Sometimes, when you have an ache or pain in your body you might unconsciously start to rub the area that is hurting. At other times, you might crave some ‘soft’ time, time, to allow yourself to relax, let go, away from noise and interruptions and to be pampered. Massage is the ideal way to do all this and more. Here we look at the benefits of massage for relaxation.
Massage works on many levels in the body. On a physical level massage relaxes the muscles, allowing the tension in the body to be released. Relieving muscle tightness allows the blood to flow into and around the area more smoothly, stimulating blood flow. Some massages can also work to move the lymph around and out of the body, helping the body to detox. Massage can also work on an energy level, by relieving blockages in the meridians (in Chinese medicine meridians are pathways in the body along which energy flows) or by stimulating acupressure points to allow the energy to flow freely around the body. Some treatments, like reflexology, treat the whole body even though the focus and the massage itself is taking place on the feet.
Benefits of massage for relaxation
There are many benefits of massage including:
- Pain reduction – pain in the back or neck can be caused by tense muscles, massage releases the tension in the muscles thereby reducing pain.
- Stress reduction – quiet time, free from interruptions
- Tension reduction – rubbing or pressing on tension points allows the areas to relax
- Headache relief or reduction in the frequency or volume of headaches – some headaches can be caused by muscle tension in the neck or back.
- Anxiety reduction
- Sleep improvement – having a massage before bed can help the body (and mind) to unwind
- Fatigue reduction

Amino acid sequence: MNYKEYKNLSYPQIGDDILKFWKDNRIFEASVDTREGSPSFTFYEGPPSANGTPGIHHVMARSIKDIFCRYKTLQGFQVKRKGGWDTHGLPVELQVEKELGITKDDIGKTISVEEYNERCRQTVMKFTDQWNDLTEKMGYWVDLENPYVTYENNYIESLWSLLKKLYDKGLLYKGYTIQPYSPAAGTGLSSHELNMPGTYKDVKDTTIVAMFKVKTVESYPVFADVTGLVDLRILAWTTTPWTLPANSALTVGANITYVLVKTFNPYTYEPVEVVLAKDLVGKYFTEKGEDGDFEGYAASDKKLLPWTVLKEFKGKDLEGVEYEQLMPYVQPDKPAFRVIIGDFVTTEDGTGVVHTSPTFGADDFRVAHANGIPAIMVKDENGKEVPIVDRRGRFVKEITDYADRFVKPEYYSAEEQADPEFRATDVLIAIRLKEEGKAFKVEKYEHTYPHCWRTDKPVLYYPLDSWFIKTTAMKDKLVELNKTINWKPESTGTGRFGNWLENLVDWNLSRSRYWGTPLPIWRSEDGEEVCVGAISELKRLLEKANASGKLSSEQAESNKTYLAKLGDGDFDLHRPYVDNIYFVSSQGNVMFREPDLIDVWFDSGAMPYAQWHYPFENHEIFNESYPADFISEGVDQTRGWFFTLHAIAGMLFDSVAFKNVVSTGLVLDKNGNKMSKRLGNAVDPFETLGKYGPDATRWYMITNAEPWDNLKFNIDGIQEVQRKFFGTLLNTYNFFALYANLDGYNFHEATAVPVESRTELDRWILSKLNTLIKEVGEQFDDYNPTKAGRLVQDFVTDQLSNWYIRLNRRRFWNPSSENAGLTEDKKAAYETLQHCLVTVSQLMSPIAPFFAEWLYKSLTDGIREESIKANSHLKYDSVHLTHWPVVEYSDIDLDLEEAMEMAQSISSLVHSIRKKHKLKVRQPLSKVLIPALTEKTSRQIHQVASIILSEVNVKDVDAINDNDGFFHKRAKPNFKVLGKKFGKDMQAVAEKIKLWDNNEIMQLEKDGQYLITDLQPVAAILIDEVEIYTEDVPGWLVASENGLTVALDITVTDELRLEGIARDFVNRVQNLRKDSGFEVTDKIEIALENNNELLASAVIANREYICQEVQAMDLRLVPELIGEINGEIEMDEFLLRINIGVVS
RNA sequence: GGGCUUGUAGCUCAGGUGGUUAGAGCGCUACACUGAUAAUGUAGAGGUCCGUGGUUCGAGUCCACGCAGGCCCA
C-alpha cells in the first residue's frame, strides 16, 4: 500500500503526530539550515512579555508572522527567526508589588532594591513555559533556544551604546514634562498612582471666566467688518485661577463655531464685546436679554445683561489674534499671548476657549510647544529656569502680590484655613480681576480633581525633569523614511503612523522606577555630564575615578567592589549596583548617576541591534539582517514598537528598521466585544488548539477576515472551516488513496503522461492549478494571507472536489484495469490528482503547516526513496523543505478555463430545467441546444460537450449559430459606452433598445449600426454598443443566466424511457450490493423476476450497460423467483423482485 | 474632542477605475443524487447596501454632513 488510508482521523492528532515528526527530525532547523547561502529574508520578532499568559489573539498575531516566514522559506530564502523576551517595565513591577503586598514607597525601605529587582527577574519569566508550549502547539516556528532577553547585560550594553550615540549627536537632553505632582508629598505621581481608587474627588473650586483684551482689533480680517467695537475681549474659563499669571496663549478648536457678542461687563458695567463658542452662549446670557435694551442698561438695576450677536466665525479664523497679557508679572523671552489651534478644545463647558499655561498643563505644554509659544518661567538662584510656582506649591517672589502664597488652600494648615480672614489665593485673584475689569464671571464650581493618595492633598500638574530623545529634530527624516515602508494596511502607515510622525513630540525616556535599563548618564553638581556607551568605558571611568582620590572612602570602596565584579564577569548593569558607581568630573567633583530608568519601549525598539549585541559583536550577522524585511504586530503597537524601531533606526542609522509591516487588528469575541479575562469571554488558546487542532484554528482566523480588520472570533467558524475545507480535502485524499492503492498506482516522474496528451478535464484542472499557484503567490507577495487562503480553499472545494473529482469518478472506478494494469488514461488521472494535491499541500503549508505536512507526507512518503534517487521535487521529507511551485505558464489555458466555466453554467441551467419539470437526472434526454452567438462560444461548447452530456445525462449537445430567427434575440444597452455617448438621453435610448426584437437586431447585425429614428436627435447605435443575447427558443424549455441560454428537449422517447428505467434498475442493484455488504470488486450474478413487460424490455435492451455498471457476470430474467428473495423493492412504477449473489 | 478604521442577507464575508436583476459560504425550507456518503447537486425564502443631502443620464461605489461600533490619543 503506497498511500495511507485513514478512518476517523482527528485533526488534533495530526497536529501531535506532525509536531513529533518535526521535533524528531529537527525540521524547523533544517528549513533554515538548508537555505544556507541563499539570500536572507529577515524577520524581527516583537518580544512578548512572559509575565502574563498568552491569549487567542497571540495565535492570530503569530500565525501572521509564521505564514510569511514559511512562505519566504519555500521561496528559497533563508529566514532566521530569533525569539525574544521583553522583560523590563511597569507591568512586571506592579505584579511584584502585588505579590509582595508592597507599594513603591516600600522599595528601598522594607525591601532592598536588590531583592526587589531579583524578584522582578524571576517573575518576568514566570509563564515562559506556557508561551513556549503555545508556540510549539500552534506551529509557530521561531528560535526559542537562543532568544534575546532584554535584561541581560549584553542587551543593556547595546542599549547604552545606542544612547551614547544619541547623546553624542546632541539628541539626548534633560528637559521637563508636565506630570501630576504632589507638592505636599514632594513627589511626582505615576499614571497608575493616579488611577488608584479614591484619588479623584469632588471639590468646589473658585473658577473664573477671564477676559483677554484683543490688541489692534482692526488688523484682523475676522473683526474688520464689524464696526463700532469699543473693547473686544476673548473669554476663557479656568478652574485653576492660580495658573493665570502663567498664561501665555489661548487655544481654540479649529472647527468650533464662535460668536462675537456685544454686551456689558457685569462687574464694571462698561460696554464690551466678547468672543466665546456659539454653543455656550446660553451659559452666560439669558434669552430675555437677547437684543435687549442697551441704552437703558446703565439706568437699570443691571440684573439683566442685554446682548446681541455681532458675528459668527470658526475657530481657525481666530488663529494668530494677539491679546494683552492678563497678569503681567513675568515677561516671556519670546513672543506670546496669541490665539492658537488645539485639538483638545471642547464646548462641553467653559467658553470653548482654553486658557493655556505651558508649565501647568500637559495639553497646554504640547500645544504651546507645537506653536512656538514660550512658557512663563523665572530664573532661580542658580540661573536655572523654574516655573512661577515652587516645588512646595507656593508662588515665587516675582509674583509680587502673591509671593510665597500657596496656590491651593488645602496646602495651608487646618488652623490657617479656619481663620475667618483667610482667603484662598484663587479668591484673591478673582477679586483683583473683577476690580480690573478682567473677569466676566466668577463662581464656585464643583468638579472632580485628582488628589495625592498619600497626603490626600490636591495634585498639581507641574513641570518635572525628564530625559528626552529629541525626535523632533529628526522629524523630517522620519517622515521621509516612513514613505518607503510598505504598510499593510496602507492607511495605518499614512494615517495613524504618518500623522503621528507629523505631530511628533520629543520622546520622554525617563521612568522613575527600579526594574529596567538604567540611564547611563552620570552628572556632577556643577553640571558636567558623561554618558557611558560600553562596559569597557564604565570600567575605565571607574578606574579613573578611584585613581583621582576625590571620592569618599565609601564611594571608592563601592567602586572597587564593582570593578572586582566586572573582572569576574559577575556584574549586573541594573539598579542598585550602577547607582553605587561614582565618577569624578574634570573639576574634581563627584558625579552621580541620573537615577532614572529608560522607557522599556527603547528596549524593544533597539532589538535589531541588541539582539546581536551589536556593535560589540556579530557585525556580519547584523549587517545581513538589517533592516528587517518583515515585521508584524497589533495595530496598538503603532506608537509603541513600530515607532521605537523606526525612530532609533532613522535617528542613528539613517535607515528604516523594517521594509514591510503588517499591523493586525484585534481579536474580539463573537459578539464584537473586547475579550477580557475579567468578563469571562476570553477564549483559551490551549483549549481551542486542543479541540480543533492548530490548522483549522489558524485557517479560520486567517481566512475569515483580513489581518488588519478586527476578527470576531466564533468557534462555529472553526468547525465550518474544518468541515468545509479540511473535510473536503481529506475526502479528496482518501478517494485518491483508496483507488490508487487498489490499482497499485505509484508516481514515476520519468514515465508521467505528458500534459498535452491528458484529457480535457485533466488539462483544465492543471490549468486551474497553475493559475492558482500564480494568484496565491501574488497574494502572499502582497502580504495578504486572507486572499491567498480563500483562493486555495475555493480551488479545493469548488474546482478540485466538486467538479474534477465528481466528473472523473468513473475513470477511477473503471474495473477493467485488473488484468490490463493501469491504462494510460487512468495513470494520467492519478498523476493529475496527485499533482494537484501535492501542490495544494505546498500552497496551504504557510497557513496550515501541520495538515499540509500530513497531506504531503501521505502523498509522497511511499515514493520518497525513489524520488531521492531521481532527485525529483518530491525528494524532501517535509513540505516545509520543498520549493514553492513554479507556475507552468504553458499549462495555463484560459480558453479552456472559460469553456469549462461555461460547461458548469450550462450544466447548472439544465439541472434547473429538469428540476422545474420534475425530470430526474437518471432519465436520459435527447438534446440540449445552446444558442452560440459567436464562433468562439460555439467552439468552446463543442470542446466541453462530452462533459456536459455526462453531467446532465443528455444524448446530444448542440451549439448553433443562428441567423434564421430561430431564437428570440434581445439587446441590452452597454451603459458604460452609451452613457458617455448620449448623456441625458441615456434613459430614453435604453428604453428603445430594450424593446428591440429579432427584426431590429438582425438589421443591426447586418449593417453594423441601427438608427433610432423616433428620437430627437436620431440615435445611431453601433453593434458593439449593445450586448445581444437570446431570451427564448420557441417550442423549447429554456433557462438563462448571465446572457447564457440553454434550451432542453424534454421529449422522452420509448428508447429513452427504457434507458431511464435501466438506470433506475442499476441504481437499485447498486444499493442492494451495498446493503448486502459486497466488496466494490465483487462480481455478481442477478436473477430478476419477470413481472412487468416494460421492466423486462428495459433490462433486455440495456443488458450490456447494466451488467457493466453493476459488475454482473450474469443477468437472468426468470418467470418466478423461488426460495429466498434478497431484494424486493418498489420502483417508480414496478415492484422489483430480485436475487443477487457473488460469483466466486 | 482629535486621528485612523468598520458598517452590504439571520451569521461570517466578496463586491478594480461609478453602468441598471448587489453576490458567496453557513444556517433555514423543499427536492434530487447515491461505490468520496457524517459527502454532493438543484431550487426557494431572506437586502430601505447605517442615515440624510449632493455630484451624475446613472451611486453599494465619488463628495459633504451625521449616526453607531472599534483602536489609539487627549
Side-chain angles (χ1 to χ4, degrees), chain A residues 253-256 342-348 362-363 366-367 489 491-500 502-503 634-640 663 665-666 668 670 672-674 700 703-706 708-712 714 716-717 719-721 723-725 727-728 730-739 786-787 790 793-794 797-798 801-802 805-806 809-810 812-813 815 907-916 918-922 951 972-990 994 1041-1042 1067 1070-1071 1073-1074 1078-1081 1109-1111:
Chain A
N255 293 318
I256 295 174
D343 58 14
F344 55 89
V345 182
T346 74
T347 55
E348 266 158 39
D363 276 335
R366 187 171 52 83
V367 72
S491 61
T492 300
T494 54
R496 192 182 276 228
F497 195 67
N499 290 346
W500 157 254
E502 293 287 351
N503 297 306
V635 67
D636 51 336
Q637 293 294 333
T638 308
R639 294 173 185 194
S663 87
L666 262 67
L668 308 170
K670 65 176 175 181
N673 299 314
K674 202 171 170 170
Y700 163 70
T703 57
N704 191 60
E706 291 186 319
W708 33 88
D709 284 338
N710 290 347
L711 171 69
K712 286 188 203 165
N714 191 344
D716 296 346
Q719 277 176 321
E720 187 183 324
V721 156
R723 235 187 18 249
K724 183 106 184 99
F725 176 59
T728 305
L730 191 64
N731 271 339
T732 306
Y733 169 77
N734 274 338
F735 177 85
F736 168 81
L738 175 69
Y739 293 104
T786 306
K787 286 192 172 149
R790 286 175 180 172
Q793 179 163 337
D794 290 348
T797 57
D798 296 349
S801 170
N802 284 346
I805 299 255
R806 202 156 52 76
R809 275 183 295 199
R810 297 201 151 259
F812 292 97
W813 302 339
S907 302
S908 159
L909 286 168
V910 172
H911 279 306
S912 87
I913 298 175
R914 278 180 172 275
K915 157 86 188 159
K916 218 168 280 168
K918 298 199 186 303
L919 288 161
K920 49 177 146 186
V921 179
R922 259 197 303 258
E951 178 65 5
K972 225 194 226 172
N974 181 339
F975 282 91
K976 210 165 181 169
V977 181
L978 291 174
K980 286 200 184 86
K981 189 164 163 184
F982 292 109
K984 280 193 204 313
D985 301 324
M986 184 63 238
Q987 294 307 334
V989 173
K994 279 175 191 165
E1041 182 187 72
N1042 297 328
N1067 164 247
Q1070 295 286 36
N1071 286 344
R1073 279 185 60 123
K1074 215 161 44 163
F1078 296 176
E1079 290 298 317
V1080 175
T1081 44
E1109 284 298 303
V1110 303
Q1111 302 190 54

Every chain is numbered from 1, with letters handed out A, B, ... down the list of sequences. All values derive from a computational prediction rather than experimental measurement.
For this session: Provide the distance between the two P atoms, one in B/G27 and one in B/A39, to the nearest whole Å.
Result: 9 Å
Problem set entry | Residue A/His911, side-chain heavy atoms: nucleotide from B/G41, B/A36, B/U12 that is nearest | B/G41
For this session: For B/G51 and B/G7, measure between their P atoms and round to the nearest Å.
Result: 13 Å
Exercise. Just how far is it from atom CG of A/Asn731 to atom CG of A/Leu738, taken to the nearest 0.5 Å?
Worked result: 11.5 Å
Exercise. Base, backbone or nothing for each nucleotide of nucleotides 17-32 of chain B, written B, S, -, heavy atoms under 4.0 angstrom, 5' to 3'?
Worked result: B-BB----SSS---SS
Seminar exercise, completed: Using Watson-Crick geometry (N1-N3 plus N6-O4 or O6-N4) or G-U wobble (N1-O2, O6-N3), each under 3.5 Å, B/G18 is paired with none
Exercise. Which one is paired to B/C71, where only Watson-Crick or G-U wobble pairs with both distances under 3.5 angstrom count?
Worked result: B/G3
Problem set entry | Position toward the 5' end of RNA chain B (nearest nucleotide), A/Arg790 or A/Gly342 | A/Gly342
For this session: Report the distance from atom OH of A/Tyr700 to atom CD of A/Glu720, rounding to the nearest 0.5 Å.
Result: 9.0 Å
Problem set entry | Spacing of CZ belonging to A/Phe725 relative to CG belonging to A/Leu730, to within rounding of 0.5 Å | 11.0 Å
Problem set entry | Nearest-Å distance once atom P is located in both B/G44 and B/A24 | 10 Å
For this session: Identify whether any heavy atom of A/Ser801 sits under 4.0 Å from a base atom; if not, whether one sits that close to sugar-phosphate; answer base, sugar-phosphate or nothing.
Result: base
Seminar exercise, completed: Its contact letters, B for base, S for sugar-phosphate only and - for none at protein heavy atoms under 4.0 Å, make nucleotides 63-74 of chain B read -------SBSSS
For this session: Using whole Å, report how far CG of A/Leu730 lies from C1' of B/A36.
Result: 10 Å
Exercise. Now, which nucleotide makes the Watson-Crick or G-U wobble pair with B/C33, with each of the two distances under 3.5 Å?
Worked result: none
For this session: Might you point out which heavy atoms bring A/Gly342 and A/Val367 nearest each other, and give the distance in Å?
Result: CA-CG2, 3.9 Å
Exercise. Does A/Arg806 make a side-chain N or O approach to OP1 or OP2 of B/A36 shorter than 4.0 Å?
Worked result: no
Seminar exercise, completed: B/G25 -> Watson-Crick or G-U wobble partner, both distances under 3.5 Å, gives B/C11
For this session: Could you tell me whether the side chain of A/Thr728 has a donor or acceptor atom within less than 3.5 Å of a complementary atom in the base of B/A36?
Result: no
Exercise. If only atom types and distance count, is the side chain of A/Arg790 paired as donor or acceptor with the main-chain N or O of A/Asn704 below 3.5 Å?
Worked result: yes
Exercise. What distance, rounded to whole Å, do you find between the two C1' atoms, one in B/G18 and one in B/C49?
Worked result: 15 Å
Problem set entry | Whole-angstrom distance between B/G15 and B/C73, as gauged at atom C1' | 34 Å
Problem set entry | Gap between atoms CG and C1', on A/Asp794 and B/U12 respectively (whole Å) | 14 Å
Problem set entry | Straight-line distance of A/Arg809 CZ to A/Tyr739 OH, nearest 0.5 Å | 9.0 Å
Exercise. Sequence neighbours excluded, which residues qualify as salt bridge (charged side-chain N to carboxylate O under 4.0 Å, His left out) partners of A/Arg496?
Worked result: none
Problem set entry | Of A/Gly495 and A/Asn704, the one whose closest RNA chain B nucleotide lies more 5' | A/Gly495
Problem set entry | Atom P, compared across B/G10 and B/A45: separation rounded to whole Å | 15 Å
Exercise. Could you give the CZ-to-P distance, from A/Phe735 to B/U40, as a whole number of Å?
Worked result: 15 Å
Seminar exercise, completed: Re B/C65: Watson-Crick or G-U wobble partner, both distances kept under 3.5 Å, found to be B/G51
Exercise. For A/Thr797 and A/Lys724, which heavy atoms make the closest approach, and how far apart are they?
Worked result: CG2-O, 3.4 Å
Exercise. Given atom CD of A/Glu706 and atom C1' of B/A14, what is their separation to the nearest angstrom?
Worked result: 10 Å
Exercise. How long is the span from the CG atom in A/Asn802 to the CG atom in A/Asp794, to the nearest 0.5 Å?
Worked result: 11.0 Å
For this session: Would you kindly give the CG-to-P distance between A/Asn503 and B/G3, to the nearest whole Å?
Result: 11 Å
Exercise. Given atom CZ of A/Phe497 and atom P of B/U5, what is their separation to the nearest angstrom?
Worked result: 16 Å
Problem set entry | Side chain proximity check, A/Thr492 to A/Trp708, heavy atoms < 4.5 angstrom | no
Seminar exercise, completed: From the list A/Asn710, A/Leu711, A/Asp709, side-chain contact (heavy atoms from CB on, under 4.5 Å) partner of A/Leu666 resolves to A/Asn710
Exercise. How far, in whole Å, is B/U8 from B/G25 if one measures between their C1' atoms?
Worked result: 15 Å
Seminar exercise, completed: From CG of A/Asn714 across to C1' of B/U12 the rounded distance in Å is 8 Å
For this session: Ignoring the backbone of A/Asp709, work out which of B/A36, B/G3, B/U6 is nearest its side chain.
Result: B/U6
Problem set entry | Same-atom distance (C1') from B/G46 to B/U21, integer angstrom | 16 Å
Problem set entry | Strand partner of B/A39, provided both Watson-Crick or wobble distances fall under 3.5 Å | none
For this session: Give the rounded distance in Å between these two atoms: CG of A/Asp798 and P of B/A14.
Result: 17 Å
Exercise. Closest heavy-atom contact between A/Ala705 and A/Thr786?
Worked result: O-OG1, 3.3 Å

- Posture improvement – by releasing tight muscles, the posture can return to normal
- Improves circulation – pressure moves blood through blocked areas, and allows new blood to come in
Massage can also help to reduce depression – there is some medical evidence which shows that massage can reduce cortisol levels by up to 50% (cortisol is the hormone triggered by the body in response to stress). At the same time, serotonin and dopamine levels can increase; these neurotransmitters help to stabilize your mood.
Types of massage
There are many different types of massage around, so here we describe the difference:
Swedish massage is based on the Western idea of physiology (as opposed to Eastern idea of energy and meridians); here the therapist uses sweeping stokes to warm the muscle tissue, which helps to release tension and those ‘knots’ that appear, most commonly in your shoulders! The strength can vary from relaxing to deep, depending upon the therapist or your needs.
Deep tissue massage works to release chronic muscle tension and is a deeper form of Swedish massage. Here the focus is on massaging the deepest layers of muscle tissue, the tendons and fascia (the connective tissue). The massage therapist uses her hands and lower arms, and sometimes elbows, depending upon the strength of the massage that you would like, to really release the tension.
Indian head massage focuses on the head, plus the upper back, shoulders and neck. It works using deep massage and trigger points to relieve tension and stress, and promotes a calm mind together with a stress free body.
Massage at La Crisalida Retreats
Here at La Crisalida, our highly experienced caring therapists, provide individualised sessions, tailoring treatments specifically for you, taking into account areas that you know are particularly tight and any injuries. We use organic essential oils for our massages, although sometimes no oils are used for part of the massage. Other treatments are also available, such as reiki, chakra balancing and energy healing, which focus more on the energy in the body (more on these in later articles!).
So, whether it is for a luxurious treat, to help relieve stress and tension in the body and muscles or maybe for pain management, massage treatments at La Crisalida health and wellbeing retreats are a wonderful way to enhance your relaxation and rejuvenation.
About the author
- Lisa is one of the founders of La Crisalida Retreats. She is an Epidemiologist, therapeutic hatha and yin yoga teacher and also teaches mindfulness meditation. Lisa has studied NLP and hypnosis, as well as nutrition (she designs the menus).